Literary ethnographic writing as sympathetic experiment
Anne Line Dalsgård (Aarhus University)
Paper short abstract:
Subjectivity—the enjoying of a first-person access to one’s own experiential life—is a basic condition of human life and, consequently, in anthropology. Whether we as anthropologists focus upon it or not, take it into account or not, subjectivity is our means of research and also our object (though perhaps only implicitly). Yet we have no direct access to the subjective world of others and can only inhabit their point of view by way of imagination. Writing literary-ethnographic texts is one way, I will argue, of experimenting with such sympathetic imagination. By putting together observed utterances, acts and also hesitations in an overtly fictive experiential whole (fictive because I can only guess it), I not only experiment with qualified guesses on what takes place in another person, I also make my own assumptions about the existence of such a whole explicit to the reader and myself and hence material for further reflection. I do not propose a radical turn towards literary writing in anthropology. Rather, I suggest that we include the ‘courage of imagination’ that is inherent to literature, also the accompanying doubt, into our existing endeavours, if not for anything else, then for the sake of a more human relationship with our ‘informants’.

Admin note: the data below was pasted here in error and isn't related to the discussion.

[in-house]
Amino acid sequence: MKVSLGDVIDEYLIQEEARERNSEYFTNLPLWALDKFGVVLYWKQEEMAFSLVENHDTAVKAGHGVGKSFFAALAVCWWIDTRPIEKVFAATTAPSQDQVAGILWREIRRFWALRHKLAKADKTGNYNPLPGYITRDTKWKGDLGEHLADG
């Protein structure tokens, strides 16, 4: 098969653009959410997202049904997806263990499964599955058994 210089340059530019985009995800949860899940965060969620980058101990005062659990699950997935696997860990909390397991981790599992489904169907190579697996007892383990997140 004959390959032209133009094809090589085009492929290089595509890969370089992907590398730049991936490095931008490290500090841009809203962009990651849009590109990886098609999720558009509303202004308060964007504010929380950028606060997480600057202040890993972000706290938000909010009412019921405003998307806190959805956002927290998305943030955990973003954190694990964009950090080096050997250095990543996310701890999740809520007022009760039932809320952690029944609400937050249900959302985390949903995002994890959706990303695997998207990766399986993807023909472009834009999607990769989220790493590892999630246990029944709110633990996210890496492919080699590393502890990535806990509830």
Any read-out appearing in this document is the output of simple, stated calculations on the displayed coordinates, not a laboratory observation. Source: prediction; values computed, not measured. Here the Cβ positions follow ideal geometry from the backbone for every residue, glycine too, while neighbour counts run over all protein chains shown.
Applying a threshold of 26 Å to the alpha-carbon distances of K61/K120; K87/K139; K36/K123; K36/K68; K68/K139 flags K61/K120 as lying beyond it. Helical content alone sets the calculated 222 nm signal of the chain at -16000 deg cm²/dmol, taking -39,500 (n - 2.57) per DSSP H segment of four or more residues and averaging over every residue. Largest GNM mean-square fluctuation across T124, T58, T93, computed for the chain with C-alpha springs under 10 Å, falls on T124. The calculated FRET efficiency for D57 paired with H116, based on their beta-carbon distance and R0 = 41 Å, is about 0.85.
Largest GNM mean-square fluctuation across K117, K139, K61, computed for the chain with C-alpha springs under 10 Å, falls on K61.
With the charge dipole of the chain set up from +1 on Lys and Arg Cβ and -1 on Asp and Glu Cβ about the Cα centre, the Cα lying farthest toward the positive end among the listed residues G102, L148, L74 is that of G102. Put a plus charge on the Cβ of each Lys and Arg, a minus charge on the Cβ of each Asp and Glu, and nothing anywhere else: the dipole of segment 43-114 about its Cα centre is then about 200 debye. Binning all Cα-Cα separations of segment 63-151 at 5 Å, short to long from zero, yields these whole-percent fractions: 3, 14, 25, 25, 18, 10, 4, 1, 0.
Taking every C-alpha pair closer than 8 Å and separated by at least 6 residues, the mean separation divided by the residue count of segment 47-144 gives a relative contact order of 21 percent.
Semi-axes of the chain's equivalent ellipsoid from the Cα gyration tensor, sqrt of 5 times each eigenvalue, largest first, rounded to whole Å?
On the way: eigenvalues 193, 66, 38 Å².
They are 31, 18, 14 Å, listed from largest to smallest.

Paper long abstract:
Moral sentiments: finding again anthropology's moral voice and vision